Proton pump inhibitors: re-emerging safety concerns
Prescribed ant-acid medications or Proton Pump Inhibitors (PPI) are used for the management of a variety of digestive disorders, including reflux and functional dyspepsia. Since their introduction in the early 1990s, the use of PPI has increased by more than 1000% in Australia, with over 19 million prescriptions written in 2013-20141. Over the last decade, at least two PPIs have featured in the top 10 most prescribed PBS-subsidised medicines every year.2
Currently, long-term PPI use is approved for the prevention and symptom control of Gastroesophageal Reflux Disease (GORD), for Barrett’s oesophagus and as prophylaxis for non-steroidal anti-inflammatory drug (NSAID)-associated bleeding3. Not surprisingly, there is concern over the unnecessary personal and healthcare costs associated with their increasing use.
Adverse effects of long-term PPI use
Recent observational studies suggest that taking PPIs is associated with several serious adverse events including:
- Myocardial infarction and ischemic stroke5
- Osteoporosis and bone fractures6,7
- Acute kidney injury8 and Chronic kidney disease9
- Clostridium difficile infections13
- Acquired pneumonia14
The results of a recent longitudinal cohort study suggest an increased risk of all-cause mortality with PPI use, including death due to cardiovascular disease, chronic kidney disease and upper gastrointestinal cancer15.
While observational studies may not provide sufficient evidence to prove direct causation, the accumulating evidence does require consideration and highlights the need to promote awareness of potential adverse events related to long-term use, for better pharmacovigilance and the need to limit the prescription of PPIs to patients where the potential risks outweigh the benefits. Furthermore, there is enough evidence to indicate a high probability of causality between PPIs and increased risk of gastrointestinal infection, nutrient deficiencies and small intestinal bacterial overgrowth3,16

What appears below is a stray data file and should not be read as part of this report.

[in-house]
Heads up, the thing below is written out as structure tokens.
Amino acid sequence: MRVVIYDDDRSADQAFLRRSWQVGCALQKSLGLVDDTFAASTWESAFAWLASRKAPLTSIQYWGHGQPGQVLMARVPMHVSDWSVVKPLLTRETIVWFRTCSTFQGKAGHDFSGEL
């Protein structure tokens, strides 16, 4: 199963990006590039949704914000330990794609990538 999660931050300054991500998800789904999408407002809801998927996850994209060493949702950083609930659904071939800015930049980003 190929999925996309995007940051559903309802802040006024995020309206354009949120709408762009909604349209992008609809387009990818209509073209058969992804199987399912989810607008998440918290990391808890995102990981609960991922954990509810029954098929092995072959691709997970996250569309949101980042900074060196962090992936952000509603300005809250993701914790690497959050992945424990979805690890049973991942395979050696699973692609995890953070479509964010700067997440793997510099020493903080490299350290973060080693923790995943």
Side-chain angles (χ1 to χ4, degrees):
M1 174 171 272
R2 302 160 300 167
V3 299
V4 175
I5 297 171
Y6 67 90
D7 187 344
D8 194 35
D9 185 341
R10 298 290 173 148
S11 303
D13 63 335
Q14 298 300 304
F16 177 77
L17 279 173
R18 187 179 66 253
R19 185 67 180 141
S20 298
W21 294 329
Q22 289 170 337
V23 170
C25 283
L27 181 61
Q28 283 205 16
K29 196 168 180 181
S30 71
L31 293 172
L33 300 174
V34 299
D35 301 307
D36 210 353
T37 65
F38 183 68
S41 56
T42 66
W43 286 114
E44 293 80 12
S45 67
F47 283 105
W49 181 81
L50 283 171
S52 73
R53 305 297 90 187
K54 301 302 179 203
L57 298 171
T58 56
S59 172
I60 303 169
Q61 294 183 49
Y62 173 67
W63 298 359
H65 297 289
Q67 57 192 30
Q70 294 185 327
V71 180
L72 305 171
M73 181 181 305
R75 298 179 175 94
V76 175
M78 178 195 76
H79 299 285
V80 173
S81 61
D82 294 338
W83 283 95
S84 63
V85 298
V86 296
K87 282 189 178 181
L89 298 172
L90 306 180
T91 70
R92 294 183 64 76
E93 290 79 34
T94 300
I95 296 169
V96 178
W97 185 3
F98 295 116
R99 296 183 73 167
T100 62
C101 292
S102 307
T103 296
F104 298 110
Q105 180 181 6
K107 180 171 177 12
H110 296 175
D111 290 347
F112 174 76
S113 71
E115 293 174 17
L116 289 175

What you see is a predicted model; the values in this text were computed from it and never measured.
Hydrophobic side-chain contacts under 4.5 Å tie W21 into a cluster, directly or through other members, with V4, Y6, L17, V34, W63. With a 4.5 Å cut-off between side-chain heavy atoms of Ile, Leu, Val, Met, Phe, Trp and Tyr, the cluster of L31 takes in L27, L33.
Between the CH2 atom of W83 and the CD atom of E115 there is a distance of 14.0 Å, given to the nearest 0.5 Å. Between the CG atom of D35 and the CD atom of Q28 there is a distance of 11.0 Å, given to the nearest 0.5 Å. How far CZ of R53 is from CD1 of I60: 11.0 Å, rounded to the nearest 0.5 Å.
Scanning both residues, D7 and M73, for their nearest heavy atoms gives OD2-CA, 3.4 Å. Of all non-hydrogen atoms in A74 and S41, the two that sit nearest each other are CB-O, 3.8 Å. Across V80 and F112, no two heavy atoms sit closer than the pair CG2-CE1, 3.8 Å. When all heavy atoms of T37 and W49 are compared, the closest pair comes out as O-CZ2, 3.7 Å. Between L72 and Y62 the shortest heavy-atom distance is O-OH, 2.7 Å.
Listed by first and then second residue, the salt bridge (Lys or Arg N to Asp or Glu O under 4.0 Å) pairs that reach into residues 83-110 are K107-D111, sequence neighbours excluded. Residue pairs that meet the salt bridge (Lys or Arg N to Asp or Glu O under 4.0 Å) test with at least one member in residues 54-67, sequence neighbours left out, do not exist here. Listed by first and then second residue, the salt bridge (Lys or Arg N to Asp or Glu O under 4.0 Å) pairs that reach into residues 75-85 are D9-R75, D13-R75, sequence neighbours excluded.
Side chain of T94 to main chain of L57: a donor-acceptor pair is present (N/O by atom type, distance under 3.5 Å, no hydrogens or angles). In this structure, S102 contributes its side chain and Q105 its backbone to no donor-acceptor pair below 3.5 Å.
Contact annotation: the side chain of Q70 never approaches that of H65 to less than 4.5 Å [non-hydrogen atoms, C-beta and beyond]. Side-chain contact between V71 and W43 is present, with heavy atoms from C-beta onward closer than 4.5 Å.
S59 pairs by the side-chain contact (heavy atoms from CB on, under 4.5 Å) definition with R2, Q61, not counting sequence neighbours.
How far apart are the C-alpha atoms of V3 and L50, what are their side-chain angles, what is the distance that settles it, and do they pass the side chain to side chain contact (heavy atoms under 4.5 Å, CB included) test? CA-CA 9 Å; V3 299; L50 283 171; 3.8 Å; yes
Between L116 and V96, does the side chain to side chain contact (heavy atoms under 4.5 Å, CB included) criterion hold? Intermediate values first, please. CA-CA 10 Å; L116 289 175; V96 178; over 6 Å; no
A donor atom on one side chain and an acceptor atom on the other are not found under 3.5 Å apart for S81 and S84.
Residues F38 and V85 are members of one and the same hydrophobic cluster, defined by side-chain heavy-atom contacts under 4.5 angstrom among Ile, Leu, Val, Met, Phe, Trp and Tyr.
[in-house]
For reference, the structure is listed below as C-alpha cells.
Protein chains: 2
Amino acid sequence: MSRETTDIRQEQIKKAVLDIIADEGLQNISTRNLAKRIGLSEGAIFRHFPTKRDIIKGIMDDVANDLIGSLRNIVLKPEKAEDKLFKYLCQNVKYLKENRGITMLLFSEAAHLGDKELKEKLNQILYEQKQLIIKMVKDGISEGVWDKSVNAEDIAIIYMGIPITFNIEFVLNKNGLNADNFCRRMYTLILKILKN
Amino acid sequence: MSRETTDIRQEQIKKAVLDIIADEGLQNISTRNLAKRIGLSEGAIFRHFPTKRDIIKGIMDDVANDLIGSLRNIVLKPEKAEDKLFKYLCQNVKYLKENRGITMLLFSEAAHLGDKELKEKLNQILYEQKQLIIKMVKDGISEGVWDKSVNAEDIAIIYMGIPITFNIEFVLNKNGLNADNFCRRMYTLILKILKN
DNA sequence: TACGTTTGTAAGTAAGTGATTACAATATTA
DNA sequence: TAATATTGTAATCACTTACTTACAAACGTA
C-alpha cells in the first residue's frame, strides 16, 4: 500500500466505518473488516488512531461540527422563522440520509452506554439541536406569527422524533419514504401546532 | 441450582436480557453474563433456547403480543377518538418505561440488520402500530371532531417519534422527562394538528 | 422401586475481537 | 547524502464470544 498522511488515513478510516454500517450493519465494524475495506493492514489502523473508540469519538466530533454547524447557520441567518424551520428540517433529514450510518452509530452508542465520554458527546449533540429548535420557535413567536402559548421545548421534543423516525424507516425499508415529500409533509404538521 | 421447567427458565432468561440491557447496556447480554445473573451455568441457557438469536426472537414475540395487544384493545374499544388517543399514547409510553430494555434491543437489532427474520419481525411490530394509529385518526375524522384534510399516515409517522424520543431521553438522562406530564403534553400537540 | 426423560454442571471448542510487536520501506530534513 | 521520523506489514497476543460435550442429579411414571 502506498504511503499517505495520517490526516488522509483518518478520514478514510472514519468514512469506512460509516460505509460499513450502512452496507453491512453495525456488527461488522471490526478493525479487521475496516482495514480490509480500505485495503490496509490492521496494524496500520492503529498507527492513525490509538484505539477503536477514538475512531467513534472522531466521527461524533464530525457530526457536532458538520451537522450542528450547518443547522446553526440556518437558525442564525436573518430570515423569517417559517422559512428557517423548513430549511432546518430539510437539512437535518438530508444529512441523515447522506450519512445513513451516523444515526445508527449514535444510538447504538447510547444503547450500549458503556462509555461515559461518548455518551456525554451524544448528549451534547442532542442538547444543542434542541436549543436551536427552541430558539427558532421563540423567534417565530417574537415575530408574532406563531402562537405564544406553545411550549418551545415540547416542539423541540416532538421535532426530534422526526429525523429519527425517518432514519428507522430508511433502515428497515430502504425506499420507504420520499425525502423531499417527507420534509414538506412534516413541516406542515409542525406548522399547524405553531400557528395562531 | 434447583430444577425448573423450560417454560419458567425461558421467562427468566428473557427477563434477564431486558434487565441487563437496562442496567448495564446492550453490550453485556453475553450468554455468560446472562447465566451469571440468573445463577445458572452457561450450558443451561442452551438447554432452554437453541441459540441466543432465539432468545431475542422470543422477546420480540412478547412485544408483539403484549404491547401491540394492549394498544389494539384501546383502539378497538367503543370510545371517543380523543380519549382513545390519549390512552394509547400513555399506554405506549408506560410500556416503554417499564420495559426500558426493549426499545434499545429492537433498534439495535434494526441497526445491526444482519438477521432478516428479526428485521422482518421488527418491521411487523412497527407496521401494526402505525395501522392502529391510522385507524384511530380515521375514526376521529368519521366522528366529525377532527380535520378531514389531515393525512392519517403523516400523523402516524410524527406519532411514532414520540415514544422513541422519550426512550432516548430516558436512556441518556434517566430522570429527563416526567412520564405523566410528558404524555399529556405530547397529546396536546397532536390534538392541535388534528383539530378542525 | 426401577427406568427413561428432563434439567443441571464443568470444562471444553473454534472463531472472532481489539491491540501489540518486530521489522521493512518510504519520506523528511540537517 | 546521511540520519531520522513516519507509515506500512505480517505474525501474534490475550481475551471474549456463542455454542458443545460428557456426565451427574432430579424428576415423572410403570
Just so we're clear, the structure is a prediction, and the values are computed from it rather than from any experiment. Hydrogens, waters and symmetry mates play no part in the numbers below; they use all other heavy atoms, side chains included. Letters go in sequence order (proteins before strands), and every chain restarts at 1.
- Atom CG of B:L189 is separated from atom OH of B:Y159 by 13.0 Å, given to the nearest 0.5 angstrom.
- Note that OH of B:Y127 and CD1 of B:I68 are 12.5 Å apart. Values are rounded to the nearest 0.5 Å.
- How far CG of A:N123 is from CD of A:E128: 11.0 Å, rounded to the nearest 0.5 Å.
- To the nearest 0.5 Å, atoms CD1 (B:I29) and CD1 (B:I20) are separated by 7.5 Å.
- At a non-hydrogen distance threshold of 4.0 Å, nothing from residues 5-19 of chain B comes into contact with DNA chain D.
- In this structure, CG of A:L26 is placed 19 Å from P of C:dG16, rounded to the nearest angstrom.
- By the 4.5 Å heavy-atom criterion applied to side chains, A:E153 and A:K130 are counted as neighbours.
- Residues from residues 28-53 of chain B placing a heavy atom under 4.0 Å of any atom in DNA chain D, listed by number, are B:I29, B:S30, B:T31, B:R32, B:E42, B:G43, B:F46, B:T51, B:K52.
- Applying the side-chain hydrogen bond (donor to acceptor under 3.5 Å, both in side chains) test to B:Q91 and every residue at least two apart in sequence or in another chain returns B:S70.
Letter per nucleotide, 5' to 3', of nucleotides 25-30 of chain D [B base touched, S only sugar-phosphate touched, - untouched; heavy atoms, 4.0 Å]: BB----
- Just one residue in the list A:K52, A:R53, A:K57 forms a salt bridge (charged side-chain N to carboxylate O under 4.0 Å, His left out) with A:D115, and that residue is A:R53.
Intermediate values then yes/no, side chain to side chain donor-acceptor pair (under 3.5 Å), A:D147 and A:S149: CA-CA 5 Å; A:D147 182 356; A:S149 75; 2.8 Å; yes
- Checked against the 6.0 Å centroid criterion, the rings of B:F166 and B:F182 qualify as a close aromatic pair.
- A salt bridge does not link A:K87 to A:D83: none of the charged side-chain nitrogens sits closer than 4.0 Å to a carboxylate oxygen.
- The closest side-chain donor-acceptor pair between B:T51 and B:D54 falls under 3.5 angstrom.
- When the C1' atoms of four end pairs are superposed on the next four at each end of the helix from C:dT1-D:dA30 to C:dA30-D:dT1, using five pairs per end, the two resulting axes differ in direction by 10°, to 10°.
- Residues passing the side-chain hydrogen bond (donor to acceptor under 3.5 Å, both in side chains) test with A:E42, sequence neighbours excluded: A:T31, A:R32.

PPIs, the gut microbiome and disease
Decreased numbers of beneficial bacterial and lower microbial diversity has been found in PPI users with an associated significant increase in the abundance of oral and upper GI tract ‘bad’ bacteria. In particular, Streptotoccaceae is significantly increased in PPI-users17. These alterations to the gut microbiota increase the risk of infections such as Clostridium difficile, Salmonella spp, and Shigella spp18,19. Changes in stomach acid levels and length of time needed for foods to pass through the small intestine can result in Small Intestine Bacterial Overgrowth or SIBO.
Several recent population studies have associated PPI use, through secondary changes in microbiome, with a risk of major depression21, childhood obesity22, irritable bowel syndrome23 and allergic diseases24.
Herbal, Nutritional and Lifestyle support for digestive health
The evidence from all available studies suggests that long term PPI use is associated with serious adverse events, including an increased risk of all-cause mortality. In addition, evidence indicates that more than half the people taking PPIs do so without a medical need, exposing themselves to unnecessary health risks. Given these risks, alternative therapies for the treatment of gastrointestinal disorders such as GORD and functional dyspepsia should be considered. The naturopathic approach aims to address the individual causative and modifiable risk factors for functional dyspepsia, GORD and related conditions while providing relief of symptoms. Diet and lifestyle interventions are combined with evidence based and traditional nutritional and botanical medicines to provide:
- symptom relief,
- support optimal gastrointestinal function and repair, and
- protect oesophageal and gastrointestinal mucosa.
Naturopathic assessment will also address the initial underlying contributors to loss of stomach acid levels such as stress or other nutritional deficiencies.
For individualised assessment and support, contact us at True Medicine – 5530 1863 today.
Based on an Article by Wendy McLean BHSc(Nat), BAdvSc(hons), PhD; JATMS Volume 26 No 1 Autumn
References available on request.